Shabbat Parashat Ki Tavo| 5763
Ask the Rabbi
Question: I use my oven for baking fleishig foods. If I haven’t used the oven for 24 hours and bake a pareve cake, can I eat it with milk?
Answer: Please be aware that there are diverse minhagim in different communities regarding the use of ovens for different types of foods. What we write here is not intended to delegitimize any ruling you have received from a competent, rabbinic authority.
We start with the case that you use a fleishig baking pan. Does the fleishig taste, which entered the pan, exit it, enter the pareve food and turn it into fleishig. This double-removed taste, known as nat bar nat, is the subject of a major machloket between the Shulchan Aruch and the Rama (Yoreh Deah 95:2), with the Rama ruling for Ashkenazic Jewry that it is proper to treat the formerly pareve food as fleishig.
However, if the pan has not been used for 24 hours, then the taste remaining in it is not halachically significant. It is true that Chazal did not allow us to use non-kosher utensils that have remained unused for 24 hours. However, since, in this case, even within 24 hours, the fleishig status of the food is far from clear, the cake you refer to is considered pareve. For this reason, the Gra (ad loc.:9) permitted the use of such a pan for the purpose you describe. On the other hand, many acharonim prescribe to the opinion of the Chuchmat Adam (48:2) (with which the Rama (ibid.) mildly implies that he agrees) that one should not set up such a situation l’chatchila (of his own choice). In other words, if one planned to eat the cake with fleishig or pareve and then a situation arose where he decided to eat it with milchig, he could do so. However, he should not bake with the intention to eat the cake with milk.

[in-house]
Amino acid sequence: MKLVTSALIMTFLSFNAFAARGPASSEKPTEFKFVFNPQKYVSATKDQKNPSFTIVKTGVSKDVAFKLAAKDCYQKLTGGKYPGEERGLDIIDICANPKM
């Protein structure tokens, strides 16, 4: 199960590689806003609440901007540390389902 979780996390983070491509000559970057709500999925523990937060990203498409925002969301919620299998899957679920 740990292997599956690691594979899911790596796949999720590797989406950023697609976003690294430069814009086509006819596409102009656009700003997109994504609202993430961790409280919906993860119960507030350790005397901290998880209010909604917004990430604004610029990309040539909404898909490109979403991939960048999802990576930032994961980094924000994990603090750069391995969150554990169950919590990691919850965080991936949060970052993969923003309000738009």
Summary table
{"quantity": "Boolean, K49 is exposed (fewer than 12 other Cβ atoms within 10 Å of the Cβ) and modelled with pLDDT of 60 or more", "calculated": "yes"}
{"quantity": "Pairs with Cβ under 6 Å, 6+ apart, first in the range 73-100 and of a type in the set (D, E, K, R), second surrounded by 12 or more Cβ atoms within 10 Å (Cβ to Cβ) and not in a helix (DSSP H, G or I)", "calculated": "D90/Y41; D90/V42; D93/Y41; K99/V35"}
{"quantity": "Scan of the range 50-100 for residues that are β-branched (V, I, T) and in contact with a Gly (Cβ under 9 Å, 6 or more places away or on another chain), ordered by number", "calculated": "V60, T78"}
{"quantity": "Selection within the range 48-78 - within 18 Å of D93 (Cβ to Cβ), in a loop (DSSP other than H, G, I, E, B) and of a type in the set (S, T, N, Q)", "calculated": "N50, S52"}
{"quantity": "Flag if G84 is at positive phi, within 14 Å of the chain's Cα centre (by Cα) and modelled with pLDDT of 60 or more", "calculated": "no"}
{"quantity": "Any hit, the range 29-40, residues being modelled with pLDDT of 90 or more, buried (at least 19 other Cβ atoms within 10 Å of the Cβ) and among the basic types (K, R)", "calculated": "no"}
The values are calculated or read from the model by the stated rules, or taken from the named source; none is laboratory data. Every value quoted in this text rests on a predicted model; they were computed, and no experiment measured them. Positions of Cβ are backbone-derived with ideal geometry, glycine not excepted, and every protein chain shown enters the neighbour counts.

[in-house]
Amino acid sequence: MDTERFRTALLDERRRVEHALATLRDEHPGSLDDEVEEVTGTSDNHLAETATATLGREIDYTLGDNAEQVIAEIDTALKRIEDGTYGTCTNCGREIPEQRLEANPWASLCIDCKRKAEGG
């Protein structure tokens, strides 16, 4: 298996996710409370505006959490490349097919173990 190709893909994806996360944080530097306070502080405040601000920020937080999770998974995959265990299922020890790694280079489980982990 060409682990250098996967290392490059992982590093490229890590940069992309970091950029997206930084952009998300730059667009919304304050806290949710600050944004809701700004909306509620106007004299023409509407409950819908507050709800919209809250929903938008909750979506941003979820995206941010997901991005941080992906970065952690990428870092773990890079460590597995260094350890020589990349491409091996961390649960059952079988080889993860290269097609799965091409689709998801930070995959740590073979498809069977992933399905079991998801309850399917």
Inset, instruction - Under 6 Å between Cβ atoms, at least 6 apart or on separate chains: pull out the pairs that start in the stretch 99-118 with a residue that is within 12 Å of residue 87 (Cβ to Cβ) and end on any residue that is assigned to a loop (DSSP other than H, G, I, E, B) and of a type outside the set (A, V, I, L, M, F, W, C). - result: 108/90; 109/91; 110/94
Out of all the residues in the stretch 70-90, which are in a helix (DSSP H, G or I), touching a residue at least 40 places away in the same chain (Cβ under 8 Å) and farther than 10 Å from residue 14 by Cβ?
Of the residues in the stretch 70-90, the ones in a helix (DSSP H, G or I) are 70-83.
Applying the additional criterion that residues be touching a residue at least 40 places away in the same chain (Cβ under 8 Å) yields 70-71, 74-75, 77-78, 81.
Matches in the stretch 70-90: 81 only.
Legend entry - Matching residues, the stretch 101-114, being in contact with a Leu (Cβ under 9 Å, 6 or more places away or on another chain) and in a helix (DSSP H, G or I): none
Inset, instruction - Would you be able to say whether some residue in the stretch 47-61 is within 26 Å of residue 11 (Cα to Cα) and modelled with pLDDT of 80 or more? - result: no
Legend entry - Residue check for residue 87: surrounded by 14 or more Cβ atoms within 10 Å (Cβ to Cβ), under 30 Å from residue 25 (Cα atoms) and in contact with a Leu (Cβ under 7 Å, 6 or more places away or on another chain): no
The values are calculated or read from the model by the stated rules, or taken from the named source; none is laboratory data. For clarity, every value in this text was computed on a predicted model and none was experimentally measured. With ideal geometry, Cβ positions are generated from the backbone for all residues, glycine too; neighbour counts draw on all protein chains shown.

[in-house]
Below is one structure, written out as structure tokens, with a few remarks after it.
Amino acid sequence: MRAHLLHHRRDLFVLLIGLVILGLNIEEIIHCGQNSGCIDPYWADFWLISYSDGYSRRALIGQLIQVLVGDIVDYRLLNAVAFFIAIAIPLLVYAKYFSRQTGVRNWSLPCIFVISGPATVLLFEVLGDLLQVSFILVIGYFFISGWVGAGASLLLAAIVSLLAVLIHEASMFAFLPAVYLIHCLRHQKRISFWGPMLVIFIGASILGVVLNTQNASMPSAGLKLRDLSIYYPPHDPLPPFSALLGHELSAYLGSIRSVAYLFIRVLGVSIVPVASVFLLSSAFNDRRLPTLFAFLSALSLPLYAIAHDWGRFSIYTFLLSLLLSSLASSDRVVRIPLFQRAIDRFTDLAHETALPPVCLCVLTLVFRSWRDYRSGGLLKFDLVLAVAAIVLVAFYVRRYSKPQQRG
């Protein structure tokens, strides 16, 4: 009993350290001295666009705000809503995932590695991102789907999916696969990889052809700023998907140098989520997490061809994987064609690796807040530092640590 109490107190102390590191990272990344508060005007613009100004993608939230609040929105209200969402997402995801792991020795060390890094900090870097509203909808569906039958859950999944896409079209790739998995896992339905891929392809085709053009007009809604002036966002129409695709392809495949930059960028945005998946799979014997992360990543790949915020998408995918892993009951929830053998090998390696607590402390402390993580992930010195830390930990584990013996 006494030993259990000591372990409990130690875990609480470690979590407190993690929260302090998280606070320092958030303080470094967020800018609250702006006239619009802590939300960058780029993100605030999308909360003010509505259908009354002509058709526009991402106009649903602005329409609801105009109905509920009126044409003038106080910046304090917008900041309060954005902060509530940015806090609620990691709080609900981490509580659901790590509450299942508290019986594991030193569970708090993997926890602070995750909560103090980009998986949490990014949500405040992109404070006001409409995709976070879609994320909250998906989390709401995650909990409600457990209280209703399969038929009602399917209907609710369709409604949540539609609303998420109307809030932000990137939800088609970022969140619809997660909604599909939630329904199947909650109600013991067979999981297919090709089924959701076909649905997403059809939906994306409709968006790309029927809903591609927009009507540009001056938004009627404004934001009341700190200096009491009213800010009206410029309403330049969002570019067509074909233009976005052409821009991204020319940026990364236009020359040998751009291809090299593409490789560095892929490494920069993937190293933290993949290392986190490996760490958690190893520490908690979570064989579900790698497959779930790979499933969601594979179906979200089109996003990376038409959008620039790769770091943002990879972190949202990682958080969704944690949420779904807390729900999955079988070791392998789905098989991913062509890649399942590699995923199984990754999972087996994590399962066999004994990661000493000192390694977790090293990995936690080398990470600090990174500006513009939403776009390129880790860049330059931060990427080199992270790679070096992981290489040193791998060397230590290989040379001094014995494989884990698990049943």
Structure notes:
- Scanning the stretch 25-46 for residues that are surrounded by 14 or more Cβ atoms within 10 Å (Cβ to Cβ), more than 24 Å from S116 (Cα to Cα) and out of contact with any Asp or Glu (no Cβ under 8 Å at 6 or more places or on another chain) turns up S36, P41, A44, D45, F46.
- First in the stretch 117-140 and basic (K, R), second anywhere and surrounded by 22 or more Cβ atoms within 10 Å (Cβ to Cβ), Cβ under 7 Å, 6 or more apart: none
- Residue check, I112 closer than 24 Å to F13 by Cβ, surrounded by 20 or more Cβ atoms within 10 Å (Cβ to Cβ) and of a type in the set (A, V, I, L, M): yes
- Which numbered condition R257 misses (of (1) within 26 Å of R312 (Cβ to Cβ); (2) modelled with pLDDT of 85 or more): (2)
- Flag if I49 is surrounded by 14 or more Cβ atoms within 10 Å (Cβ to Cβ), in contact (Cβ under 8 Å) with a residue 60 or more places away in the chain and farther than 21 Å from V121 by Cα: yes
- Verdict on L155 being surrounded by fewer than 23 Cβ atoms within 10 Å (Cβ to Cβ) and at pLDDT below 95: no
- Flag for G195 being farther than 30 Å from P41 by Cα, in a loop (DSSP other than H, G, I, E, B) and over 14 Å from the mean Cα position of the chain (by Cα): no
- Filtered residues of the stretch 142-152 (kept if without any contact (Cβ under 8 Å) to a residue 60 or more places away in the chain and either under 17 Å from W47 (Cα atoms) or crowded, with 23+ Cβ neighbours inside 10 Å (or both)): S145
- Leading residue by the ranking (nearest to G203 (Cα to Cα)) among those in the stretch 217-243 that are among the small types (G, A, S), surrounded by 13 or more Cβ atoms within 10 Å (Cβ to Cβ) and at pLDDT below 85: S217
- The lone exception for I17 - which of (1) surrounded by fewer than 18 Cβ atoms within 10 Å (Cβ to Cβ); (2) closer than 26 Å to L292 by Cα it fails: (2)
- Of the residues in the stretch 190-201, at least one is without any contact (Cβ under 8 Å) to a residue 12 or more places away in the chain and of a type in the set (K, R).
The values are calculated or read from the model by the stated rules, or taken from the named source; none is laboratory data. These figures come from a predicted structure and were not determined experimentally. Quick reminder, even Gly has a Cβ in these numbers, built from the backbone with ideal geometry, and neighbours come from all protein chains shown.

Thus, the proper thing, from this perspective, is to use a pareve or disposable pan. The problem is that the oven might cause problems. The Rama (YD 108:1) rules that taste is transferred from one food to another when they were baked or roasted in an oven at different times only if there was condensation (zeiah) from both foods on the walls of the oven. A “fleishig oven” presumably had fleishig condensation at some time during its use. But it is unclear how liquid does a food and how insulated does an oven have to be in order that there be zeiah to bring the fleishig from the walls to the food (see Igrot Moshe YD I:40). Bread and relatively dry cake dough probably do not create zeiah in a normal oven and will remain pareve. (One must make sure that the pan doesn’t touch a surface with fleishig residue on it.) However, a liquid batter may create zeiah. When this is so, the zeiah compromises the pareve status of both the cake and the pan. (If the oven was well cleaned and had not been used within 24 hours, the pan would not need to be kashered).
There are at least two legitimate solutions to this problem. One is to cover the cake batter (where feasible) so that escaping moisture is insufficient to transfer taste (Rama, ibid.). The other is to do libun kal on the oven before baking the cake to remove the fleishig taste from the walls and burn any surface residue. A half-hour of heating at the oven’s highest temperature is usually sufficient. (More time is needed if there is significant spillage which one did not remove prior to heating.) Even one who relies on the aforementioned Gra must ensure that there is no edible residue on the walls of the oven in a case where zeiah could bring residue into the food, even though tiny quantities will not ruin the food b’dieved (after the fact) (see Igrot Moshe I:40; Gilyon Maharsha 99:6).
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